The Bristol Herald Courier is still in publication.
12 October 1935: construction has started on what is now the Tri-Cities regional airport. It was a Works Progress Admiration project. (Source: History of Washington County, Tennessee.)
12 October 1946: 75 years ago today, a ceremony was held to commemorate the transfer of the house and property from Tipton-Haynes to the State of Tennessee. Landon C. Haynes practiced property law in the 1800s. Members of the Colonial Dames, Daughters of the American Revolution (John Sevier and Sarah Hawkins chapters), Daughters of 1812 and United Daughters of the Confederacy took goes to the ceremony. (Source: History of Johnson City and Surroundings by Samuel Cole Williams.)
October 12, 1950: The Johnson City Press-Chronicle reported: “A drive to join the Unicoi County Agricultural Bureau is in full swing.” HE Duncan, who was the chairman of the Unicoi County Agricultural Bureau, quoted the agricultural bureau’s slogan: “The agricultural bureau pays. It doesn’t cost anything.
12 October 1966: The Johnson City Press-Chronicle brought exciting news regarding the region’s infrastructure. “The acquisition of rights of way for the new segment of US Highway 23 between here and Kingsport will begin in December.”
This was the announcement by Congressman James H. Quillen in Washington yesterday when he announced that the Appalachian Regional Commission had approved a federal grant of $ 6,781,000 for the acquisition of rights of way and the start construction.”
“It’s part of the Appalachian Highway program and this particular grant,” said Congressman Quillen, “is for a new four-lane highway between Johnson City and Kingsport. “
“The commission informed him,” Congressman Quillen said, “that the segment for which the funds are approved is from Northern Johnson City to State Route 81 in Kingsport, a distance of 15.7 miles.”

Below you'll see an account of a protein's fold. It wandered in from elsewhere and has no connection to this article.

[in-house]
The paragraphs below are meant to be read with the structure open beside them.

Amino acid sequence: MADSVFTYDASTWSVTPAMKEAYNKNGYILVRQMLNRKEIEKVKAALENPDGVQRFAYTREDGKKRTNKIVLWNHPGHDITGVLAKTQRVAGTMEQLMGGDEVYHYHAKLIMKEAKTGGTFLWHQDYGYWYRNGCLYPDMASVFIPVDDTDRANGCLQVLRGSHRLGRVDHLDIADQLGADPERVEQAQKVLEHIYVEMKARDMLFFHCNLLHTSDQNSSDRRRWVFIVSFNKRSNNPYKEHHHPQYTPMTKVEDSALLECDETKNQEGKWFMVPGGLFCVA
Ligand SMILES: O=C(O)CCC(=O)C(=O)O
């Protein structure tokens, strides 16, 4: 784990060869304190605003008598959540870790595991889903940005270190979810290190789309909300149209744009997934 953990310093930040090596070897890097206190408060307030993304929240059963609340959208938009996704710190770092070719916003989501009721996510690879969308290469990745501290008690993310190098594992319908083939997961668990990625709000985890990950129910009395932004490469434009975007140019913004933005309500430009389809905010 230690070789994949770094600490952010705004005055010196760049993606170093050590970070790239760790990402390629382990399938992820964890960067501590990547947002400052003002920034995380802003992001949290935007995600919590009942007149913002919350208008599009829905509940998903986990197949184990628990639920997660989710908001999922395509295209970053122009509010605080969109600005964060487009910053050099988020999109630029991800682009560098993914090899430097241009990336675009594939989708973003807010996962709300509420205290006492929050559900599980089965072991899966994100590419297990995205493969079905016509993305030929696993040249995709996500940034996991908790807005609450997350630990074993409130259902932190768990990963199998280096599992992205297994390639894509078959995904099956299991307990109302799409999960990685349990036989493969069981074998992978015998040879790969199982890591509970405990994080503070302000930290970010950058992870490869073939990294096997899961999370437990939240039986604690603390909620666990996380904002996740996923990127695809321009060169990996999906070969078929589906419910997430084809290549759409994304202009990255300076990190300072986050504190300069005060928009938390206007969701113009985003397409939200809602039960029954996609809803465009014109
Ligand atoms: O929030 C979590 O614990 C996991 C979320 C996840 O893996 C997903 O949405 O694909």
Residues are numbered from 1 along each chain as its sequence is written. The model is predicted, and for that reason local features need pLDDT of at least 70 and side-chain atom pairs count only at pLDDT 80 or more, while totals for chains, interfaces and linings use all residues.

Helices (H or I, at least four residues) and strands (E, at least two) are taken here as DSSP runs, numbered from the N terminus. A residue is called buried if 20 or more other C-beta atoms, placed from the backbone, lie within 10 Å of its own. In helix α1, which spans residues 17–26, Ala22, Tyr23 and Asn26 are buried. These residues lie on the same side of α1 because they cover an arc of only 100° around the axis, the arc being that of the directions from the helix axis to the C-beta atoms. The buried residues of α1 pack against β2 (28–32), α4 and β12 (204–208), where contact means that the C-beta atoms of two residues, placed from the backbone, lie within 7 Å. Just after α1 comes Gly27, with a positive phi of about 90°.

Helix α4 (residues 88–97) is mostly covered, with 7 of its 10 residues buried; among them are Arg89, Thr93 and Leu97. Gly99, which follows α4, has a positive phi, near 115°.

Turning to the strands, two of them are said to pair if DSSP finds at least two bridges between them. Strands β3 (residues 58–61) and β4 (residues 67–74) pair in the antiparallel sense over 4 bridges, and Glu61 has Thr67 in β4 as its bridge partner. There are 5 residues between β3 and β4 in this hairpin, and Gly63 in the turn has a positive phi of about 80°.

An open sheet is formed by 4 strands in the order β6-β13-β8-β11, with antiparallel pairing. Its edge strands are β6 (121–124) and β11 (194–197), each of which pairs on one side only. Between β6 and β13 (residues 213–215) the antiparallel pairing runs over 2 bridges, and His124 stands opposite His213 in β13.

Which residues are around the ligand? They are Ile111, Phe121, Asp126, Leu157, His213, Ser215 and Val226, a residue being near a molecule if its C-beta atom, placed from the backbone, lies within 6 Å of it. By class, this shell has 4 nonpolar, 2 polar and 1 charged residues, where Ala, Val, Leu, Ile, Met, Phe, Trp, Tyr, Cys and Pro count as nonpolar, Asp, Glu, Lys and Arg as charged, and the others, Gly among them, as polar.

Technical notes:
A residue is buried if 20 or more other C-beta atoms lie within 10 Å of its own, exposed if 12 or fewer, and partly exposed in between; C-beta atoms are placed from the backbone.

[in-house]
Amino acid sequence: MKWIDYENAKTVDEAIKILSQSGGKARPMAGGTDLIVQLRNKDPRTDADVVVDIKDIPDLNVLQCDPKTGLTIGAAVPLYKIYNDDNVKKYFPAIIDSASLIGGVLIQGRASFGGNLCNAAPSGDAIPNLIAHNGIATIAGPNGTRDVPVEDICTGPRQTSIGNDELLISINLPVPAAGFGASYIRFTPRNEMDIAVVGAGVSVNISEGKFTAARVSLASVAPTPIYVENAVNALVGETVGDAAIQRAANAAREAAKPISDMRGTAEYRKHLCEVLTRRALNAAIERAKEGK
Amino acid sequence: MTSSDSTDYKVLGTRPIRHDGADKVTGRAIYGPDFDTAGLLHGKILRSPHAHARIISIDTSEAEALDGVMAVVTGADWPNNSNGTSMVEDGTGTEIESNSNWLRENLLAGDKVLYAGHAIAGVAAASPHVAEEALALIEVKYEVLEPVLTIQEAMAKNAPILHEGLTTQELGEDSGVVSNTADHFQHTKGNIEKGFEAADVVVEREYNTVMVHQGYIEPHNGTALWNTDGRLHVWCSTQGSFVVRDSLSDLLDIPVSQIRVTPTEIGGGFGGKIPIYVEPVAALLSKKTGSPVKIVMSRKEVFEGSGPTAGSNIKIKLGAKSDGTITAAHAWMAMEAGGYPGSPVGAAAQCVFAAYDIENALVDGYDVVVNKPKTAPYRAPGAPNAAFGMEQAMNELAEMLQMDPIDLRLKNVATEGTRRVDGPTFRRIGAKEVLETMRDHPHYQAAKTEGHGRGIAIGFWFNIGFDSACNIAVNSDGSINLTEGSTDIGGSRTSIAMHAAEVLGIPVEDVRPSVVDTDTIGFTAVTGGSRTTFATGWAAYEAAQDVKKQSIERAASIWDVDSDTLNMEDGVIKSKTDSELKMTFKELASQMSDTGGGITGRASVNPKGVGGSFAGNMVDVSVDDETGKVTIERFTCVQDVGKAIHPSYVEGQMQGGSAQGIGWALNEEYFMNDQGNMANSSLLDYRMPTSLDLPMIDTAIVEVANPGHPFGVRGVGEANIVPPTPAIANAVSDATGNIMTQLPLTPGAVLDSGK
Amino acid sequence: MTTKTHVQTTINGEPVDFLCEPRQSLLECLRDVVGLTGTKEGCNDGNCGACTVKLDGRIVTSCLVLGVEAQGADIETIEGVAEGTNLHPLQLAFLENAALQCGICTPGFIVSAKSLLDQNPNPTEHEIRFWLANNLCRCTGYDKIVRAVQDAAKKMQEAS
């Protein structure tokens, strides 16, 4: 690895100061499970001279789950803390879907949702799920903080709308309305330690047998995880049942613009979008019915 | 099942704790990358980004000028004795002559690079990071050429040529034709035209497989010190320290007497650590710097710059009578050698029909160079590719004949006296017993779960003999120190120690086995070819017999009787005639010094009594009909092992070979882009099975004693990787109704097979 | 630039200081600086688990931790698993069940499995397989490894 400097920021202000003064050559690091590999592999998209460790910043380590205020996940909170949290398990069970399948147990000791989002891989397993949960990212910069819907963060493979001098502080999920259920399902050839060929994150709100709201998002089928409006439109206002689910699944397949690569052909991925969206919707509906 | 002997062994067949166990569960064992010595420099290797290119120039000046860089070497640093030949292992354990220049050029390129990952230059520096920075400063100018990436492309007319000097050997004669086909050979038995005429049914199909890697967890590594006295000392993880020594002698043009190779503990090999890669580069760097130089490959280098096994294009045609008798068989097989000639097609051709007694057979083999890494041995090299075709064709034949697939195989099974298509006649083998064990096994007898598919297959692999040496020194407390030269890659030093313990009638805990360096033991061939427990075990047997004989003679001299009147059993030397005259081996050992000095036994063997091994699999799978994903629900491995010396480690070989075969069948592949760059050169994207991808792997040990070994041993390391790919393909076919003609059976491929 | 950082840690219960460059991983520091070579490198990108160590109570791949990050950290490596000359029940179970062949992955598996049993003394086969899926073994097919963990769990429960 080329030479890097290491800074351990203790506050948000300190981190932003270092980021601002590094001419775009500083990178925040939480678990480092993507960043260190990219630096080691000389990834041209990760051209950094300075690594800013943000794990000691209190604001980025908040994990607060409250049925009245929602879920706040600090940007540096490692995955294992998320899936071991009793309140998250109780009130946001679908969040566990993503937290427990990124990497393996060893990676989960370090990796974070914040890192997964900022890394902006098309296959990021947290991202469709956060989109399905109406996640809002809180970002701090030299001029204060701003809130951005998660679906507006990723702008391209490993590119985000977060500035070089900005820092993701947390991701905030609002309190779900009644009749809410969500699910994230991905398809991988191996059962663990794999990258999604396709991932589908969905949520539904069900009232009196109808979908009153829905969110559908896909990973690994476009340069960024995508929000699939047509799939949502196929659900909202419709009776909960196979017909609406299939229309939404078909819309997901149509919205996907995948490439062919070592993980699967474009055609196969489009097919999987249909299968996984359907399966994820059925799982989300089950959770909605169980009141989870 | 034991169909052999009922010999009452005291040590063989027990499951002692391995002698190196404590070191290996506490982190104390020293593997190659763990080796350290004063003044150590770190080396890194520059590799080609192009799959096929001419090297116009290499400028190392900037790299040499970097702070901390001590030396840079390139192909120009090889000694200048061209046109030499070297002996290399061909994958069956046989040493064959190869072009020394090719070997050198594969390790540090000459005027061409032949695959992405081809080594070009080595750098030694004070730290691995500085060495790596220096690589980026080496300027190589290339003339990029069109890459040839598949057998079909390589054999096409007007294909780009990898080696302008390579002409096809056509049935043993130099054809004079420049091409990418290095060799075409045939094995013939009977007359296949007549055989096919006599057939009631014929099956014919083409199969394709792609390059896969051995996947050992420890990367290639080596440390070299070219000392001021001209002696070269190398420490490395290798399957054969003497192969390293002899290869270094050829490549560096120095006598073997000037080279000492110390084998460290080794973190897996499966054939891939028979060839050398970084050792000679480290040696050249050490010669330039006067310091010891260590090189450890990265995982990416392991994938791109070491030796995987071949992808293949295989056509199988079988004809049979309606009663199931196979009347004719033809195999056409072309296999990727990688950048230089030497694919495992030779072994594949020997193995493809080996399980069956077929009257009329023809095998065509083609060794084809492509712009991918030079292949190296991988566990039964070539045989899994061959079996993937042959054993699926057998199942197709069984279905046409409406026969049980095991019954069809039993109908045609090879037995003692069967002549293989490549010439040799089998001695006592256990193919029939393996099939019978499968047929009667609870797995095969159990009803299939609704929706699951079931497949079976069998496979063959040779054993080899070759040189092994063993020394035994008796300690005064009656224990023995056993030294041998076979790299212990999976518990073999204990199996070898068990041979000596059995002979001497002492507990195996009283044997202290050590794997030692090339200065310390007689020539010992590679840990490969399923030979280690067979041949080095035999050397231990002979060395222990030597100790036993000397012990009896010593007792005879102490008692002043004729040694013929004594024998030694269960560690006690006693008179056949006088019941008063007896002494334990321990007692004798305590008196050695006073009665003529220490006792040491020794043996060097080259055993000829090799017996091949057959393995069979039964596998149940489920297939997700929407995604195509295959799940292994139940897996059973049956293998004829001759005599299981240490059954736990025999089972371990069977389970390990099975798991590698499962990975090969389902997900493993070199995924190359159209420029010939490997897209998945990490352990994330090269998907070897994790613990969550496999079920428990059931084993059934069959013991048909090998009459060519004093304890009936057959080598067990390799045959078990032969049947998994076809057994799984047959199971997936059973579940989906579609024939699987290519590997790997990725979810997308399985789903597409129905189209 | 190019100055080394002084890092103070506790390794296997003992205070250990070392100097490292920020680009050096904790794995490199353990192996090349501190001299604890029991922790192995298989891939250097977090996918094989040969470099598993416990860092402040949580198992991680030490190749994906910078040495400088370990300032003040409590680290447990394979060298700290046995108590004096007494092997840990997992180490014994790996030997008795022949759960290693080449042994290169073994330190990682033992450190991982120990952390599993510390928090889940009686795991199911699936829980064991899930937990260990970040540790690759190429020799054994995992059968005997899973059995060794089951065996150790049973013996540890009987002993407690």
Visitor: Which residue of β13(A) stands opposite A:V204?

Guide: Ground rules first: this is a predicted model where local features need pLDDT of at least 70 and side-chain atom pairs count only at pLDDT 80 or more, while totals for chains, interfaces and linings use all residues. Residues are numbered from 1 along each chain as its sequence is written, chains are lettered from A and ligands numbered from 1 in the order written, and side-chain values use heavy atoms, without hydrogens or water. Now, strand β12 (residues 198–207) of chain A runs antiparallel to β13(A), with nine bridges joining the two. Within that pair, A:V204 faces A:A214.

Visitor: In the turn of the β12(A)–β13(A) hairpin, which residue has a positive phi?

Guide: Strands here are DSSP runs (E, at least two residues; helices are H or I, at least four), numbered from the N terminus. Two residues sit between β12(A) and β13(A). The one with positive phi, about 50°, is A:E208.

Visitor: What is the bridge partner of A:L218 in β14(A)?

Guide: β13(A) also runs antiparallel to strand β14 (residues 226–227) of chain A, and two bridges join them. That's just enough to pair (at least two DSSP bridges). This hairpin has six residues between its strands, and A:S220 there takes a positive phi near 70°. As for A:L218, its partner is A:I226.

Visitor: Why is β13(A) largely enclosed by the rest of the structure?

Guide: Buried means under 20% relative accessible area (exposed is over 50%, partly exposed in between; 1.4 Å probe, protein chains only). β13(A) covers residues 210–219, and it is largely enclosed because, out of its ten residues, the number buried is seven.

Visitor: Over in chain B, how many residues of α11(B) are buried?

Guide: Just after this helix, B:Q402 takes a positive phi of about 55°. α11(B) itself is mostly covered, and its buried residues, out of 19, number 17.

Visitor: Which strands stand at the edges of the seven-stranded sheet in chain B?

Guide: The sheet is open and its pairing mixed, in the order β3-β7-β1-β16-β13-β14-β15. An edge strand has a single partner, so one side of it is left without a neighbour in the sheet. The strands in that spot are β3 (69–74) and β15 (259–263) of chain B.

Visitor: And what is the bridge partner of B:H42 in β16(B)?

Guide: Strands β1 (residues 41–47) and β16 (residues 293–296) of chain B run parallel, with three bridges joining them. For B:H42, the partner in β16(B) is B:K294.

“Congressman Quillen said the commission said the acquisition of the rights of way would begin in December and construction in June 1967.”
October 12, 1967: The Johnson City Press-Chronicle reported that the high forecast for the day would be 58 degrees, while the low forecast that night was expected to be around 34 degrees.
October 12, 1971: Fifty years ago today, readers of the Johnson City Press-Chronicle learned that the Nashville banner had supported efforts for a Johnson City medical school. In part, the Nashville Banner editorial stated, “It is highly likely that by working with and through enabling legislation proposed at the federal level, Tennessee could acquire for itself a new medical school of State at East Tennessee State University in Johnson City.
The editorial continued, “’The Banner thinks the state should seize this opportunity; and that, as the relevant medical officials in the Tri-Cities region have pointed out, now is the time to take some real preliminary steps to help ensure this.
The Nashville banner ceased to appear in 1998.
October 12, 1996: Twenty-five years ago today, the Johnson City Press reported: “The First Christian Church will host a reception on Sunday at 3 pm to honor members who have been with the congregation for over 40 years.
“There will also be an exhibition, with photos, memorabilia and documents on the history of the church.”
“Both things are part of the 125th anniversary of the church. They are open to the public. “